February 27, 2010

Community-focused enterprises seek home-grown financing


— By . KIM

Staff Writer

PORTLAND — The Local Sprouts Cafe is meant to be a community-centric space. Foods grown and produced locally will be served up to members and customers. The space will be a real-world classroom for job skills and a venue for art and educational offerings.

With that kind of approach, it made sense to look to the community for assistance. Organizers hope supporters will lend a good portion of the money they need to renovate the space in a former dormitory.

The Local Sprouts Cooperative has begun a community financing program for its cafe. The plan is to raise as much as $40,000 in loans from supporters. The interest -- ranging from none to 5 percent -- will be decided by lenders. Legal documents will formalize the loans, which will not be secured by collateral.

''With the community financing model, it's really about growing a community around our project and having the community have a stake,'' said Jonah Fertig, one of the cooperative's founders and worker-owners.

Other groups have used the model as an alternative to borrowing from the usual financial institutions. Earlier this year, the JED Collective in Greene made a $132,000 down payment on the purchase of 30 acres. Housing cooperatives in Oregon and California have used similar programs.

Fertig was exposed to the idea through the JED Collective, which wanted to expand its organic farm and orchard and preserve the land. He liked the idea of supporting the work of friends in the collective, and thought the same principles would apply to Local Sprouts.

The cafe will be at 645 Congress St., the former site of the University of Southern Maine's Portland Hall dormitory. The property is being turned into apartments, with retail on the ground floor. The cafe is expected to open around March.

Lenders will be able to see where their money is going as the cafeteria is converted into a cafe. They can support local agriculture while earning a small return on their investment, if they opt for interest on their loans, Fertig said.

There will be some flexibility in the program. The plan is to seek loans ranging from $1,000 to $20,000 and to defer payment for six months to provide time to build the business.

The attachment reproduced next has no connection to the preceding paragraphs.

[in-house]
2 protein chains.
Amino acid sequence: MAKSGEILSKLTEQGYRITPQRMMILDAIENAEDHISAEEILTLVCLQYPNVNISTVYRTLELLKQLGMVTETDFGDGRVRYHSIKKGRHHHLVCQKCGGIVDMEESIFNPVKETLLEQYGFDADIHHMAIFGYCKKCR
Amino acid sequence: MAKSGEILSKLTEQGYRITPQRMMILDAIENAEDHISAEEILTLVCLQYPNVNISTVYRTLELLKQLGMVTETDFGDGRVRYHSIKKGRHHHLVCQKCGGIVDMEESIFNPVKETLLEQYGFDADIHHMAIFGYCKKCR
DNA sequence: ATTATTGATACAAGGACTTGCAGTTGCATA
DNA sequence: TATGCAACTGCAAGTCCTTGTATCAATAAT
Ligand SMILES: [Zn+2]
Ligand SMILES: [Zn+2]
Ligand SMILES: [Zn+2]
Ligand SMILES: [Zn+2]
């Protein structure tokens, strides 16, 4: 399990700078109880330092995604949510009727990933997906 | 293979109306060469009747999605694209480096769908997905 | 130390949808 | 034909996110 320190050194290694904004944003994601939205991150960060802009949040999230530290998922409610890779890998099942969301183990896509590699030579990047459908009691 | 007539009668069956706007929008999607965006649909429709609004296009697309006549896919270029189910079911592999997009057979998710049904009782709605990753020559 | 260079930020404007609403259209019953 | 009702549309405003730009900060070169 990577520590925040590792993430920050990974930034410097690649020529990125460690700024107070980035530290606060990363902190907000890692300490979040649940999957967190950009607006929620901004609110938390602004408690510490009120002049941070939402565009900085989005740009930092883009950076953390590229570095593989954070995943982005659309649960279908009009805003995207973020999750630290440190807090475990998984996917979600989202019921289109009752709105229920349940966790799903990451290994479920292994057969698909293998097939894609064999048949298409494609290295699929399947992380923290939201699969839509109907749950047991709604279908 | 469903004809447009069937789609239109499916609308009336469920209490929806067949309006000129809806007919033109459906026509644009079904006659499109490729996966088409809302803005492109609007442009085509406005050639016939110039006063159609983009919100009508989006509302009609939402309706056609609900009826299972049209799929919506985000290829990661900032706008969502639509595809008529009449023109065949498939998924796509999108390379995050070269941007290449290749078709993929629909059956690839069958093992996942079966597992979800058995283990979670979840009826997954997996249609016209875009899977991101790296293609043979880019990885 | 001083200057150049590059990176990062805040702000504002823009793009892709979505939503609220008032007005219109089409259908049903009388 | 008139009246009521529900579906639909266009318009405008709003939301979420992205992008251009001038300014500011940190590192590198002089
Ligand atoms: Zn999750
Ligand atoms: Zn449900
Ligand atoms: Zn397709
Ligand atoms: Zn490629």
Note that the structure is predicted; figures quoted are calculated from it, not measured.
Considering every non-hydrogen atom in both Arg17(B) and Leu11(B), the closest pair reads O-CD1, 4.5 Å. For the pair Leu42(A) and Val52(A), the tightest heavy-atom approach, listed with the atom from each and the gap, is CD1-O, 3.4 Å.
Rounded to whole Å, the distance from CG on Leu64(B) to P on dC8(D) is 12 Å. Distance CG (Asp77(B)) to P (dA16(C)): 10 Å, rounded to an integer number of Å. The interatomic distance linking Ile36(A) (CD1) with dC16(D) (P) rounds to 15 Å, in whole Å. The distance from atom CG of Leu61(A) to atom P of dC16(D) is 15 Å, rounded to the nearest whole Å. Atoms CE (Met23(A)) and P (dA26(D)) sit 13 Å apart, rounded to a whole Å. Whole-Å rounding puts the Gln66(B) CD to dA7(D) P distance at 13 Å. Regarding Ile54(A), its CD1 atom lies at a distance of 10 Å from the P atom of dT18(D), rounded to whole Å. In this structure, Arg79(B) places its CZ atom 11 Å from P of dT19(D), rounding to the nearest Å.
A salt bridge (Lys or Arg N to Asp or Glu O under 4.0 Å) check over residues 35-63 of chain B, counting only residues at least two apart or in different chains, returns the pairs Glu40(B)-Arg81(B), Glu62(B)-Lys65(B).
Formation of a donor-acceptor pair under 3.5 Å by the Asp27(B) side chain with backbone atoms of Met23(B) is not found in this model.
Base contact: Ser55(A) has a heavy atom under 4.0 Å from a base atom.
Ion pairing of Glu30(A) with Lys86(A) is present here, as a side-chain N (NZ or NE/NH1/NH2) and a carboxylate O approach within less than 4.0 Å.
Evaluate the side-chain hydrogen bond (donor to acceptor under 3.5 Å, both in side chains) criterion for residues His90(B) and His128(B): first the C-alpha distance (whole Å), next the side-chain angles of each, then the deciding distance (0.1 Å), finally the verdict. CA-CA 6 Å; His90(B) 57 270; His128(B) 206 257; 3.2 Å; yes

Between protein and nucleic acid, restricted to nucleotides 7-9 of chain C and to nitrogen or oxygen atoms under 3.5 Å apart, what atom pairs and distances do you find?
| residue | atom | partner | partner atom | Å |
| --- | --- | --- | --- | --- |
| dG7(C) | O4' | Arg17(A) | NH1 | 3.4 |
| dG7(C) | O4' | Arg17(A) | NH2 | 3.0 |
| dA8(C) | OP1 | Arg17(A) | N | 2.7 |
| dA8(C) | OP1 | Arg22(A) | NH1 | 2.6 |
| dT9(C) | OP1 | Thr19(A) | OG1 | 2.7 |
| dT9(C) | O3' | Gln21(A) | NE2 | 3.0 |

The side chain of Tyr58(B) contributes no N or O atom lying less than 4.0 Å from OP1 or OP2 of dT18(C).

One advantage for the cafe is that the loans will be unsecured. The cooperative doesn't have much capital, so the loans will be based on the community's trust in the project, Fertig said.

''Because it's our community and because it's people we know and respect, we're going to want to pay back on that loan and make good on our loan agreements,'' he said.

While the cooperative appreciates the community aspect of its program, it isn't averse to other types of borrowing. It is finalizing a $10,000 loan from the Cooperative Fund of New England, a Massachusetts-based community development loan fund. The group is also looking into loans from the city and banks.

The Local Sprouts project is getting under way as other types of nonconventional lending become more widespread. People are increasingly participating in peer-to-peer lending through Web sites like Prosper and Lending Club. Entrepreneurs are building Web sites to solicit small contributions from the public for their projects.

Many people are feeling disillusioned by large financial corporations, said

Tom Leach, a business professor at the University of New England.

That may make some people more willing to look at the ''double bottom line'' --  the social responsibility of a venture -- rather than just the conventional bottom line of profitability, he said.

''They're willing to take the risk because they want to build community and they want to be socially responsible,'' Leach said.

The JED Collective looked outside of conventional loans because it didn't want to use the land as collateral. It found that the community financing model got others involved, said Kate Boverman, the collective's community financing coordinator.

''It gives them a greater sense of being part of something bigger, allows them to give back, support that project financially, even if they can't be there to raise the barn, plant the garden or whatever it may be,'' she said.

After packets about the project were sent to about 75 people who were close to the collective, 16 lenders provided the money for the down payment. The collective has since gotten closer to its $200,000 goal; it needs another $58,000.

Boverman said the collective has gotten more and more inquiries about the community financing model.

One was from Mary Blue, an herbalist who owns Farmacy Herbs, an herbal products company and community health center in Providence, R.I.

Blue is thinking about community financing to raise $100,000 to buy the land on which her business operates. She hopes to avoid banks.

''They're just not very accountable to the community. They're not very flexible,'' she said.

Staff Writer Ann S. Kim can be contacted at 791-6383 or at:


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